On Abandoning the 'Paradigm of Conformity'
The year was 2081 and everyone was finally equal." Thus begins Kurt Vonnegut's short story "Harrison Bergeron." The story continues: "They weren't only equal before God and the law. They were equal every which way. Nobody was smarter than anybody else. Nobody was better looking than anybody else. Nobody was stronger or quicker than anybody else."
The 212th, 213th, and 214th Amendments to the Constitution guaranteed all this equality, according to Vonnegut, an equality enforced by the Office of the U.S. Handicapper General, whose task it was to assign handicaps to individuals who might be brighter, faster, or more beautiful than average. A naturally graceful ballerina, for example, might carry around her waist a 30-pound bag of birdshot to keep her from leaping higher than the less-gifted dancers. An attractive man might be forced to sport a red ball on the end of his nose. And the more intelligent population wore headphones designed to emit ear-shattering noises periodically to discourage anyone from having a creative idea or analytical thought. Thus equipped, the above-average in any way would never make anyone else feel like "something the cat drug in," the author notes. Equality, in this society, did not mean providing all people with the equal opportunity to succeed, but providing safeguards against anyone's succeeding beyond anyone else.
A similar philosophy exists in many areas of public education today. Despite all our talk about setting standards of excellence for all children, too many roadblocks on the path to high achievement have been long established by state and federal governments and by local school districts. Essentially, these roadblocks are a result of confusion about what it means to provide equitable educational opportunities for all children. Many in public education believe that only by strictly regulating how monies are spent, by narrowly defining curricular goals, and by scrupulously monitoring schools through wholesale standardized testing can equitable opportunities be guaranteed. What all this careful scrutiny and control guarantee are not equitable educational opportunities for children--but assurance that the same system that produced a nation of young adults who cannot do simple math and have no idea when the War Between the States occurred will endure.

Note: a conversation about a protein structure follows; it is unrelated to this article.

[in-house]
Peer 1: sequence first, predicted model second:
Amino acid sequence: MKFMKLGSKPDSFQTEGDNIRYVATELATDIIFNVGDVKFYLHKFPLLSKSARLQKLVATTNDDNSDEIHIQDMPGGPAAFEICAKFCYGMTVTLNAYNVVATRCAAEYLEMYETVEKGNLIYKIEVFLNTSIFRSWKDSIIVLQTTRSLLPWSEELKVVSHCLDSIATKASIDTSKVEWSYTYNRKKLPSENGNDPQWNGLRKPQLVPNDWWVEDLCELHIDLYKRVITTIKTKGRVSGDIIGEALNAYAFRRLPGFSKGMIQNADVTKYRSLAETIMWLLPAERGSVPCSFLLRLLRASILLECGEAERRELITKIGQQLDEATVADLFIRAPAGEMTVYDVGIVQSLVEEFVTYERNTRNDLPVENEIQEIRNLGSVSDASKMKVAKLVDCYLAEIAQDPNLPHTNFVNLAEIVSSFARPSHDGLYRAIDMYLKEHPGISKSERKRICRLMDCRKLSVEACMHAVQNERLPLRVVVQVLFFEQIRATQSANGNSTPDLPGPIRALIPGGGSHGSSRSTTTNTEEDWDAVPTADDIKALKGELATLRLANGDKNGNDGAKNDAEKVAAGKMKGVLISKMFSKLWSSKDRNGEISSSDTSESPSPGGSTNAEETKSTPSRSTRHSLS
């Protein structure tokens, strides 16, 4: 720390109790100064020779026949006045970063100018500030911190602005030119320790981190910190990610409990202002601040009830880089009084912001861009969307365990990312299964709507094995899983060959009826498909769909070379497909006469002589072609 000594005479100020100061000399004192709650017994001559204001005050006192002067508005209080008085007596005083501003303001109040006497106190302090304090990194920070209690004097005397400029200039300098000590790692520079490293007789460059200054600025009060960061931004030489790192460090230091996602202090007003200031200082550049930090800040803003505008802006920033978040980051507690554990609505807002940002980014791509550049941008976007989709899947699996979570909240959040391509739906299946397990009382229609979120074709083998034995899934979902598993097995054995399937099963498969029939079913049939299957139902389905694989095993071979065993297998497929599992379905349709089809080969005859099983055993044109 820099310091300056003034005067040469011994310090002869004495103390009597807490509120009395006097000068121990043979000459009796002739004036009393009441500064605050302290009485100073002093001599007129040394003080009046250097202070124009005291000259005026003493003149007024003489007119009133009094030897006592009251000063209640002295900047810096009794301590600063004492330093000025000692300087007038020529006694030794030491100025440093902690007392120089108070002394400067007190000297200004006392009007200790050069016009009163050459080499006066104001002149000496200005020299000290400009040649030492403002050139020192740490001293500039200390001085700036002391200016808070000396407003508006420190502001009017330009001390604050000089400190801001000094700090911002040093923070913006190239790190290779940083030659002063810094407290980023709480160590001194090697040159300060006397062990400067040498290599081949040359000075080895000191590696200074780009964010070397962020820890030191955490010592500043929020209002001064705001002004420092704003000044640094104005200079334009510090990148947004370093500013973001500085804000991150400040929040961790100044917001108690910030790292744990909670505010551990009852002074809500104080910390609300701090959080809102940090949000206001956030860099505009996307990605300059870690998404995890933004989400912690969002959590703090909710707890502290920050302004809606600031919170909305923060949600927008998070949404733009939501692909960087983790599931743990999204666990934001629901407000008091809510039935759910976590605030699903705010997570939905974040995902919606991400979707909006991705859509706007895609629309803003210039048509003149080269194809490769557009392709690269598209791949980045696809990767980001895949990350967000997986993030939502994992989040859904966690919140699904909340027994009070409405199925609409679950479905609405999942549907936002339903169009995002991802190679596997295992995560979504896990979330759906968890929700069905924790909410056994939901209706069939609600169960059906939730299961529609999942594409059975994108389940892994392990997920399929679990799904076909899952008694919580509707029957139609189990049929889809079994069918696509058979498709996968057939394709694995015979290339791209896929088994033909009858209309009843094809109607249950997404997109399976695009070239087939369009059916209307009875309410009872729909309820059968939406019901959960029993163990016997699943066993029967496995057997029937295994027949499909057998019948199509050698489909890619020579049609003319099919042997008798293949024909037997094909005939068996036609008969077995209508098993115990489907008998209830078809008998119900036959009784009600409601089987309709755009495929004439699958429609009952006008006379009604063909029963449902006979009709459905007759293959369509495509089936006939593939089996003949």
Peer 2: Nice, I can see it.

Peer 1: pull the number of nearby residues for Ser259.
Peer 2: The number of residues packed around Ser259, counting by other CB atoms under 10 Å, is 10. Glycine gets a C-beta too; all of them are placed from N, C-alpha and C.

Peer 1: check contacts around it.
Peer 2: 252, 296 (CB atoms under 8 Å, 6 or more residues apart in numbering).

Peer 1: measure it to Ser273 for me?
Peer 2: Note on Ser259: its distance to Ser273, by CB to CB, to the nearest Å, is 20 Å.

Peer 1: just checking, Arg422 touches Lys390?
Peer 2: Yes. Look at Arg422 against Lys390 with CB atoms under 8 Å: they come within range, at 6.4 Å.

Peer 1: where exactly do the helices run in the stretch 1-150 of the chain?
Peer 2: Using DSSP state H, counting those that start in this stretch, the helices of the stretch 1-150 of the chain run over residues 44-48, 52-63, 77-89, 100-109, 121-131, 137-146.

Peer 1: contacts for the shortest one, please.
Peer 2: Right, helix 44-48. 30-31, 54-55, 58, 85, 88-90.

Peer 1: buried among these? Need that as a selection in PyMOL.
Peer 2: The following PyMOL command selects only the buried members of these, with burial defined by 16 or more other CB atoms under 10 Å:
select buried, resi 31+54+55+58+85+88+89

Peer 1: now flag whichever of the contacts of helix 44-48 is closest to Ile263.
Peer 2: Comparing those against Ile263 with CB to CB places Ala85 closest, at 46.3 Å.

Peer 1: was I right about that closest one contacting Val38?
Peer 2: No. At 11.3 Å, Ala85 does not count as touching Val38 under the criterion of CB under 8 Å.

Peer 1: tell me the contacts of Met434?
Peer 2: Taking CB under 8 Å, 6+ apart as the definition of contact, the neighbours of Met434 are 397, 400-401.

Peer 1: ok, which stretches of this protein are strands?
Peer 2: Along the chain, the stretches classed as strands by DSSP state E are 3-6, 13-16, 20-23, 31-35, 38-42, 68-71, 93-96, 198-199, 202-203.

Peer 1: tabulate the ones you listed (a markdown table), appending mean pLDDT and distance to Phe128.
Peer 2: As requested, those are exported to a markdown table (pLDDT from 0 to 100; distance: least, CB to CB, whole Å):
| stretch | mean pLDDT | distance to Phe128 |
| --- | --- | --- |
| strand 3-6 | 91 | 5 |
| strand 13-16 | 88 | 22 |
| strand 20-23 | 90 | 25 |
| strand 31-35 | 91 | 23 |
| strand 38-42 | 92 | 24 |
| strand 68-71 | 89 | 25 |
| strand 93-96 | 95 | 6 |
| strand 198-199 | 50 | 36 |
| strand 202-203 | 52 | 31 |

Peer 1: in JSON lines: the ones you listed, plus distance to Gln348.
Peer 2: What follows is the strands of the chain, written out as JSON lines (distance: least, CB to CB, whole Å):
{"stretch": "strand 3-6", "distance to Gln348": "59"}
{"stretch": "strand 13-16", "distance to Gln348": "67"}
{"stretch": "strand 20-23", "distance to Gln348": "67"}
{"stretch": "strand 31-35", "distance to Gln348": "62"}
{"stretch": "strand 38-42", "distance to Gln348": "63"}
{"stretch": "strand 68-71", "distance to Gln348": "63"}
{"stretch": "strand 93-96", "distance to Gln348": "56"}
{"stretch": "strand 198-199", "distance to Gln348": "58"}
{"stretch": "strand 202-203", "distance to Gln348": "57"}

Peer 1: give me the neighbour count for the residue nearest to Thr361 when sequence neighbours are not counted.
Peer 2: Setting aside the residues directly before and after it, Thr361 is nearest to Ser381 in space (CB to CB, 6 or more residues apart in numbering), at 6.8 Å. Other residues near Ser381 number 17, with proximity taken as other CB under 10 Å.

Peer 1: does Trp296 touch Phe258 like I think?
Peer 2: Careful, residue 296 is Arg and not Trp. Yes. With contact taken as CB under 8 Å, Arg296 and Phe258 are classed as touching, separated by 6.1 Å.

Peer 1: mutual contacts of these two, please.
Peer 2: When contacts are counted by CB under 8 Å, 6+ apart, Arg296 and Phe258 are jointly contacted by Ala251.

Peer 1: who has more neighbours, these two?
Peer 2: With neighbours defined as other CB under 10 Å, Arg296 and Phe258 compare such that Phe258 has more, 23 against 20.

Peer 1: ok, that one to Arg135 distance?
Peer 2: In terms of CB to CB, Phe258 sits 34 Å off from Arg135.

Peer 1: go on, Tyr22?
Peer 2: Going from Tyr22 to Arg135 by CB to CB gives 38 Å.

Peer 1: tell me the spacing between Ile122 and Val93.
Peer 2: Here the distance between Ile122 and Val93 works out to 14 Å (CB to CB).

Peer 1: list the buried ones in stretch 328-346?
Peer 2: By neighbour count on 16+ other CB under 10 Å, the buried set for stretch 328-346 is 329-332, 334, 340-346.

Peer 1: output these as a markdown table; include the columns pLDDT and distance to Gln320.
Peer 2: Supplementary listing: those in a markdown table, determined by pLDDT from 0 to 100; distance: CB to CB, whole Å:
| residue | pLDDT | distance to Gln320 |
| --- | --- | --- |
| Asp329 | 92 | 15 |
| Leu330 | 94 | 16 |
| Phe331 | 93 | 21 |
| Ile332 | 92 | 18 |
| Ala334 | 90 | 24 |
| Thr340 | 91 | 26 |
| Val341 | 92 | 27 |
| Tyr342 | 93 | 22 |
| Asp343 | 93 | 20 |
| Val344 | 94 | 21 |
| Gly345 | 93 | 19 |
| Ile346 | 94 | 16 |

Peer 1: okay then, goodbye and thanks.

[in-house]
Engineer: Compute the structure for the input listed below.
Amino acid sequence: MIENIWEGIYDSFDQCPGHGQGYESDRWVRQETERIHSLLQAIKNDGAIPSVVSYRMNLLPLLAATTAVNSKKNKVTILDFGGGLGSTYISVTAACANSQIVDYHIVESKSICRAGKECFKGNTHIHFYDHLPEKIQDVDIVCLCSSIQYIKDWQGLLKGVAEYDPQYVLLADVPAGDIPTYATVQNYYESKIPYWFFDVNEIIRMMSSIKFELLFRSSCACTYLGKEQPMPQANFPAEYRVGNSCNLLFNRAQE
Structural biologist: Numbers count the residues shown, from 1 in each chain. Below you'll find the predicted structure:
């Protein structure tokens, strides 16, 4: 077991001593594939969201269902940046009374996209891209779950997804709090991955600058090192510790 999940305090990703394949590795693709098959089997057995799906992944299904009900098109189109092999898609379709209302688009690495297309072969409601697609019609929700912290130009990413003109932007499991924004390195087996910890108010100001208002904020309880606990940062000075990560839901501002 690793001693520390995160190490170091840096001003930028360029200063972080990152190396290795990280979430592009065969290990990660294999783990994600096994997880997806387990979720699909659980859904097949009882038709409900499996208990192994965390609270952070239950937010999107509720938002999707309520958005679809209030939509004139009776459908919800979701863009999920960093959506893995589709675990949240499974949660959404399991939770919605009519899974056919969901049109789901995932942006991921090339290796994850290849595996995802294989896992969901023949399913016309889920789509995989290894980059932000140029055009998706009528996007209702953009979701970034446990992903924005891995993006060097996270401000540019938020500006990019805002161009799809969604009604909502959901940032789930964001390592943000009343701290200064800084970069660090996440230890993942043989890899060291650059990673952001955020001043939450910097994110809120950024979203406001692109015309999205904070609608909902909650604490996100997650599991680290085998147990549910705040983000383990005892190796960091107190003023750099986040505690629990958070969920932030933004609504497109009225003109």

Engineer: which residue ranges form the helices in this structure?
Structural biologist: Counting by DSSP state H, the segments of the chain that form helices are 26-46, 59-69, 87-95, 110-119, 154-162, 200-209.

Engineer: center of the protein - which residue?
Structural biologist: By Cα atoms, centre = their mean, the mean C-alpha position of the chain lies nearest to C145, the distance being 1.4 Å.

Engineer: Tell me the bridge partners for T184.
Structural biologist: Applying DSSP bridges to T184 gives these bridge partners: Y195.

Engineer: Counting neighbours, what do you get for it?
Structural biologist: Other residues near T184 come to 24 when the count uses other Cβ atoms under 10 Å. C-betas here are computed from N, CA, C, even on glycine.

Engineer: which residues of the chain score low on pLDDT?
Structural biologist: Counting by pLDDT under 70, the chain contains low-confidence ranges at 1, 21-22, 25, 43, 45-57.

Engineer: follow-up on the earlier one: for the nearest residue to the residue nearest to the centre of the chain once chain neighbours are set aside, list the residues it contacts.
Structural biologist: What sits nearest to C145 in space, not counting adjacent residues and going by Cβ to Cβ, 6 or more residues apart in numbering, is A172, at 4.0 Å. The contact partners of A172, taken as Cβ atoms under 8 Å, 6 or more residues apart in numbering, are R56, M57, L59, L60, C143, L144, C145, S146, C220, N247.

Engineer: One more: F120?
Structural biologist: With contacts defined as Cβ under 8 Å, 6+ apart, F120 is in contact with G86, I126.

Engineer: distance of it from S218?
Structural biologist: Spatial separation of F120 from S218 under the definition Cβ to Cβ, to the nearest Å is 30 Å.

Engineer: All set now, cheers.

To be sure, we are not without our visionaries in education. In New York State, our commissioner of education has published a philosophical treatise called the New Compact for Learning. At the heart of the compact is a call for grassroots initiatives, for creative programs, for innovative restructuring of the public-school model. One wonders exactly how these changes could occur given the educational strictures regarding curriculum and testing already established by the state board of regents, but the document does contain the heady suggestion that attempts to break the old paradigm might find support. Likewise, some educators have watched with an odd mixture of cynicism and hope the efforts of the Rochester, N.Y. school system and the Kentucky state education department to effect sweeping changes in their respective systems. President Bush's America 2000 proposal calls for the establishment of 535 unique model schools. While the lack of specifics in Mr. Bush's program makes many educators look askance, the emphasis on individual schools designed to meet the needs of children in different and creative ways echoes other proposals for school reform. Even Christopher Whittle's Edison Project, despite cries of crass commercialism from the education establishment, shows the promise of individual initiative unfettered by the usual rules, regulations, and past practices. Yet none of these efforts can flourish unless we are all willing to encourage the risk takers within our educational ranks.